• March 2, 2016 at 8:06 pm

      Hi I have just been diagnosed with anti mag neuropathy and my anti mag blood results indicate my level is 1:102000
      I am waiting to see my neurologist to discuss my results and treatment
      My balance is no good I have a gait I am 53 yes old and if anyone has any advice for me on this condition I would appreciate hearing from you thanks

      • May 8, 2016 at 5:33 pm

        What happened when you went to see the neurologist?
        I have seen 2 now, but since I am still fully functional, they are offering no help.

    • March 2, 2016 at 9:56 pm

      Rituximab is considered to be one of the most promising drugs in the treatment of anti-MAG peripheral neuropathy. This drug is an antibody against a protein which is primarily found on the surface of B cells which, when attached, destroys the B cells. Because of its ability to suppress the immune system, it has been used to treat anti-MAG neuropathy in the hopes that it will destroy cells that would target necessary glycoproteins on the Schwann cells. Studies in patients has shown that most patients experience marked increase in sensory and motor abilities within the first few months of therapy.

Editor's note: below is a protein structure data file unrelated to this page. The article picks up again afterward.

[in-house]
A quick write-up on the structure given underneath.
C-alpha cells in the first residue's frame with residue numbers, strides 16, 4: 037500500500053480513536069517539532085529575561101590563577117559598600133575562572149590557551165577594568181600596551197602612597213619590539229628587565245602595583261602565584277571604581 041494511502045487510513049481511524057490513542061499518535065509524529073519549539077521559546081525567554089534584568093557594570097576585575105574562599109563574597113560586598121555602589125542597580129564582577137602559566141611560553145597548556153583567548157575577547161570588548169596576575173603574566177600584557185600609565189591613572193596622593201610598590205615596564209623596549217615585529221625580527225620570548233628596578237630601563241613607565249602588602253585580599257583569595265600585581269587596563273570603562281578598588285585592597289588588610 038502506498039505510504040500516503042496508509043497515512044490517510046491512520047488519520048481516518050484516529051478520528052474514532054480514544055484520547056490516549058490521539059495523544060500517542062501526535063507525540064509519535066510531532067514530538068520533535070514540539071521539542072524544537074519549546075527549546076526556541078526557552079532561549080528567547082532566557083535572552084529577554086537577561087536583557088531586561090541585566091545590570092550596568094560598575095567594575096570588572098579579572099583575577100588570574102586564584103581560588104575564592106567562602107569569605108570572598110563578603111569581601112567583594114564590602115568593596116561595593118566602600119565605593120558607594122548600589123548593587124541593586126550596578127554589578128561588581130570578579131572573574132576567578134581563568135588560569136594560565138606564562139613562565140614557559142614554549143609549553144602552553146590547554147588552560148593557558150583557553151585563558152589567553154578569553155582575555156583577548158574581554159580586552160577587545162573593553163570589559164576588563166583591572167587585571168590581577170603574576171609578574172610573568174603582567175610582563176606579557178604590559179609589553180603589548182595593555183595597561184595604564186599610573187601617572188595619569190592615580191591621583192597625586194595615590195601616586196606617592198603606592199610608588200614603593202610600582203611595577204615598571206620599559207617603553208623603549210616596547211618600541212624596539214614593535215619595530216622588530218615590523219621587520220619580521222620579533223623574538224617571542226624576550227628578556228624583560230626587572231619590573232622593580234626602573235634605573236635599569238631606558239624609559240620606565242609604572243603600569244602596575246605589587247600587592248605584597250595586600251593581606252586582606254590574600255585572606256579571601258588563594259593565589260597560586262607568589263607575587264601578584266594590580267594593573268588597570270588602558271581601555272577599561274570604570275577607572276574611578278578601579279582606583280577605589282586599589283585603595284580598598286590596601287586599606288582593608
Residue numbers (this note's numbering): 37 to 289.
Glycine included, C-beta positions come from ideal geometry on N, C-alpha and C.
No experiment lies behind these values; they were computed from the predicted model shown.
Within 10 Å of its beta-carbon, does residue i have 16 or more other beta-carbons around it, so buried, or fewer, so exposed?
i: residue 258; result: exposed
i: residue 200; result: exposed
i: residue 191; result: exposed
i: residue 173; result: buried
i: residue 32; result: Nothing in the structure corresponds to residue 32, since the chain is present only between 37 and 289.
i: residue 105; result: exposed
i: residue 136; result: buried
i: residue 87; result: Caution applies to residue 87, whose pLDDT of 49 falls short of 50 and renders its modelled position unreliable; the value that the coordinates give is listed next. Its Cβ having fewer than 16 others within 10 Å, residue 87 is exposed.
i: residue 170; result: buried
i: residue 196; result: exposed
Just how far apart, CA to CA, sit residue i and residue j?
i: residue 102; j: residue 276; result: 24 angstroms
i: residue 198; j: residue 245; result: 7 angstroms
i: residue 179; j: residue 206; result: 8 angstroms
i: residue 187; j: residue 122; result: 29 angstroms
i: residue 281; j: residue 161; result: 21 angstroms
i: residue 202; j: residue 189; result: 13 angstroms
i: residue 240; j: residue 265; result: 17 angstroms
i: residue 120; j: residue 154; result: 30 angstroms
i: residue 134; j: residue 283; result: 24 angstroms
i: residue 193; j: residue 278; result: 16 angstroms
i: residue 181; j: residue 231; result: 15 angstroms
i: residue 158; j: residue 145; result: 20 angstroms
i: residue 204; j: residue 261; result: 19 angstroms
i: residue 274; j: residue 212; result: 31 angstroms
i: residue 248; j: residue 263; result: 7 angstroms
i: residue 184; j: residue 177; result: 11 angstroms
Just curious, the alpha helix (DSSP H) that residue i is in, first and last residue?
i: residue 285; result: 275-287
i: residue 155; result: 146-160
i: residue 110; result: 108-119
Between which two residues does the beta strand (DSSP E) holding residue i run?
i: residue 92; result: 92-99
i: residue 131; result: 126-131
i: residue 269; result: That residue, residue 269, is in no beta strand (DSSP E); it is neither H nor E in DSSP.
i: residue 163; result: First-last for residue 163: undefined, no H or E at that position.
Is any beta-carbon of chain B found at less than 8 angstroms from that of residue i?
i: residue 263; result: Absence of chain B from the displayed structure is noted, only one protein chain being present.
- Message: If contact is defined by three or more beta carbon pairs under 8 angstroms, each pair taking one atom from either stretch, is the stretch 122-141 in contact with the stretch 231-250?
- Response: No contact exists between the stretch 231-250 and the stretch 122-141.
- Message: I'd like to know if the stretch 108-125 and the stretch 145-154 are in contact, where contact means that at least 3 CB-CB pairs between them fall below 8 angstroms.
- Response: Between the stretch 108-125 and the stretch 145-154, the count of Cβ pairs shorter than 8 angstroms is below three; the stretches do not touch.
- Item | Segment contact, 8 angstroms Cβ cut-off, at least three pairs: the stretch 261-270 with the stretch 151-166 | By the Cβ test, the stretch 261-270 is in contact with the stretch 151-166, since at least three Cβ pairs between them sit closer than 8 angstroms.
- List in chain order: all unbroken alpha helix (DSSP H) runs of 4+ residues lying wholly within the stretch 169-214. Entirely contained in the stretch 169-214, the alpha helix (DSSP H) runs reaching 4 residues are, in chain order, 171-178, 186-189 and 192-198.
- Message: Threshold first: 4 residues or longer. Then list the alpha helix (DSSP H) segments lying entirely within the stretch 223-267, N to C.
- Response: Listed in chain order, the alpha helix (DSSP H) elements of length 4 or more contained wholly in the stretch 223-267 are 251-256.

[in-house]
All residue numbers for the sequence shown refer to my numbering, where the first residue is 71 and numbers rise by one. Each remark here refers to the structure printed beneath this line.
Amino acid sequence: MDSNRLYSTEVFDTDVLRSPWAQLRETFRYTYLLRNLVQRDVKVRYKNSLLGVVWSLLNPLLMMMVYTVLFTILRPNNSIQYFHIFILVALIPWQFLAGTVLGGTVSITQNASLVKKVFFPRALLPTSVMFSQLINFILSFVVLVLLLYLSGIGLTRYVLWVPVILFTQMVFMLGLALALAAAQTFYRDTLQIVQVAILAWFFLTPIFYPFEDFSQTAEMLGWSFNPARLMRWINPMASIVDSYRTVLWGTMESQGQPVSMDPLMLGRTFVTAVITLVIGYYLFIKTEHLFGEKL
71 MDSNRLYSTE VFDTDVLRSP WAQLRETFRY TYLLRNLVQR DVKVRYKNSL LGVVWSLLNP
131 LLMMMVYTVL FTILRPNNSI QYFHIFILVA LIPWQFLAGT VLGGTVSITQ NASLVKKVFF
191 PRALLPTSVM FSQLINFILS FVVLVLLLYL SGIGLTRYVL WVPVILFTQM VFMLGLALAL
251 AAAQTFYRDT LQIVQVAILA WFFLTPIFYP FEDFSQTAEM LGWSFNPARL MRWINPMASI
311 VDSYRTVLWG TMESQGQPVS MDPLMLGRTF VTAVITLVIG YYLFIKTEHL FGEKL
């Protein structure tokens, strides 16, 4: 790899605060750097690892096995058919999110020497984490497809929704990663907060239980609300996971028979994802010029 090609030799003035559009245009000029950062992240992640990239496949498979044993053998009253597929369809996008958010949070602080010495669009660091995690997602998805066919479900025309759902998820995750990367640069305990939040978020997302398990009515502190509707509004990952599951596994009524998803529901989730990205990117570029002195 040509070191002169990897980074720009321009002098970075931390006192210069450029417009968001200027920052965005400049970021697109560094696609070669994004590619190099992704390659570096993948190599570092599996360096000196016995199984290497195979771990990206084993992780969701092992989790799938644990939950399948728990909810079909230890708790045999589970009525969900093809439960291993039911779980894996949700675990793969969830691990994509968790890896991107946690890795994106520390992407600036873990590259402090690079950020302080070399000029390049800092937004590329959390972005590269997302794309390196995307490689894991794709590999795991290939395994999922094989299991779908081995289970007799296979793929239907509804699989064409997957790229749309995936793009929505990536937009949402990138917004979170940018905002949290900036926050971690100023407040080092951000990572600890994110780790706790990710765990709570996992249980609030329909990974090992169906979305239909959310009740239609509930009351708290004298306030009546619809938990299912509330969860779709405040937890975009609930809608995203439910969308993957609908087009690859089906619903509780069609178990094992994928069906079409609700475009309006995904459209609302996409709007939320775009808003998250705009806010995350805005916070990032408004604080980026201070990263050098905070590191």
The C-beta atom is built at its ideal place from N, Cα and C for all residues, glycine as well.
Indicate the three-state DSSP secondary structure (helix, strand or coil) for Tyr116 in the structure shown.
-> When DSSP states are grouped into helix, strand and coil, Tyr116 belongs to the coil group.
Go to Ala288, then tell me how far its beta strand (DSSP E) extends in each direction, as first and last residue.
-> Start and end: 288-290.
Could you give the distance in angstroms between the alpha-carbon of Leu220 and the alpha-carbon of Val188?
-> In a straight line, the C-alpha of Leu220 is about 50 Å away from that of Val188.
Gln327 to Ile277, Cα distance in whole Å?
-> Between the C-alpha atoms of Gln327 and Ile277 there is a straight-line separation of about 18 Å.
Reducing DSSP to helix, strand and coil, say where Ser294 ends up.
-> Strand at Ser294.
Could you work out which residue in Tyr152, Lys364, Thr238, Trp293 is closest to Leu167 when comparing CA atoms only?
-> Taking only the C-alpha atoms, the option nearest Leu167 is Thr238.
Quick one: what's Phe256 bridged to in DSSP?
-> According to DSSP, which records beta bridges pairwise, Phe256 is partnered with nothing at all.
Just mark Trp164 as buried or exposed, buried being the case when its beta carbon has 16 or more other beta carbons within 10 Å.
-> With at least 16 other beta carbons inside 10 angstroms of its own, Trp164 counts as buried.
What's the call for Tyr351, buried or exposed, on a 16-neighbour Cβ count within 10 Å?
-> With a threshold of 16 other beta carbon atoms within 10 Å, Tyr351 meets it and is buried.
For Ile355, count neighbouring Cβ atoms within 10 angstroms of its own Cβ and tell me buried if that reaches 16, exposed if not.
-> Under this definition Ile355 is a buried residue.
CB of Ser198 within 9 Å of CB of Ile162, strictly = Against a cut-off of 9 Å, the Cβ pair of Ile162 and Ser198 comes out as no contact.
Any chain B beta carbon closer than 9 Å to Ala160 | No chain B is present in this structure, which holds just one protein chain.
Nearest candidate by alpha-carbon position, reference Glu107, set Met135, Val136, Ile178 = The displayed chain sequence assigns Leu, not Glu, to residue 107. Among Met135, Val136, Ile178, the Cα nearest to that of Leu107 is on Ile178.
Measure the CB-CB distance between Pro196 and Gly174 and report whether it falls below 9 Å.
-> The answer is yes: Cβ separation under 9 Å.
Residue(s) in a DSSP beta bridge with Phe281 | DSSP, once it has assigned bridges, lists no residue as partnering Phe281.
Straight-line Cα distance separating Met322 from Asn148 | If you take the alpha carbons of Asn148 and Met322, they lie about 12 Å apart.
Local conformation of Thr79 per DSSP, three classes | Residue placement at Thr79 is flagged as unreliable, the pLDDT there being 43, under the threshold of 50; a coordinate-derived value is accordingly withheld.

I suggest you talk to your doctor and explore the possibility of using Rituxan. This is not a low cost infusion treatment and you will need to confirm coverage by your insurance company before beginning treatments.

    • March 26, 2016 at 11:00 pm

      This is must reading by those suffering from Anti-Mag:

      Anti-MAG Peripheral Neuropathy

    • March 27, 2016 at 12:56 pm

      I have just been diagnosed with anti-MAG neuropathy. I live in a small town and the neurologist has not treated anyone with this condition. He did not tell me my level and said the condition was treatable and not life threatining. He is sending me to a hematoligist, whom I have not yet seen. Since doing reading it seems like it is not curable, and is life life altering. Going to a metropolitian area for treatment will be my next step. Also, will be pursuing a holistic treatment approach. I am 65 and am sure I have had this condition for two plus years. I had been going to a podiatrist and was treated for plantar fasciitis. Recently a physical therapist I was seeing referred me to the neurologist. In the last month numbness has moved to my fingertips. My balance and strength are still good.

    • July 28, 2016 at 5:17 pm

      I went to see a neurologist at the Cleveland Clinic in Miami. I am still fully functional, as well, he offered no help whatsoever. Have an appointment with a neurologist at “A Center of Excellence” in Tampa on 9/20. We shall see….
      Have you read “The Wahls Protocol” or “The Paleo Mom”? They suggest diet can be helpful.

    • July 28, 2016 at 11:04 pm

      5523cats, thanks for your continuing contributions here! You are making a difference in our community!

    • July 12, 2017 at 10:32 am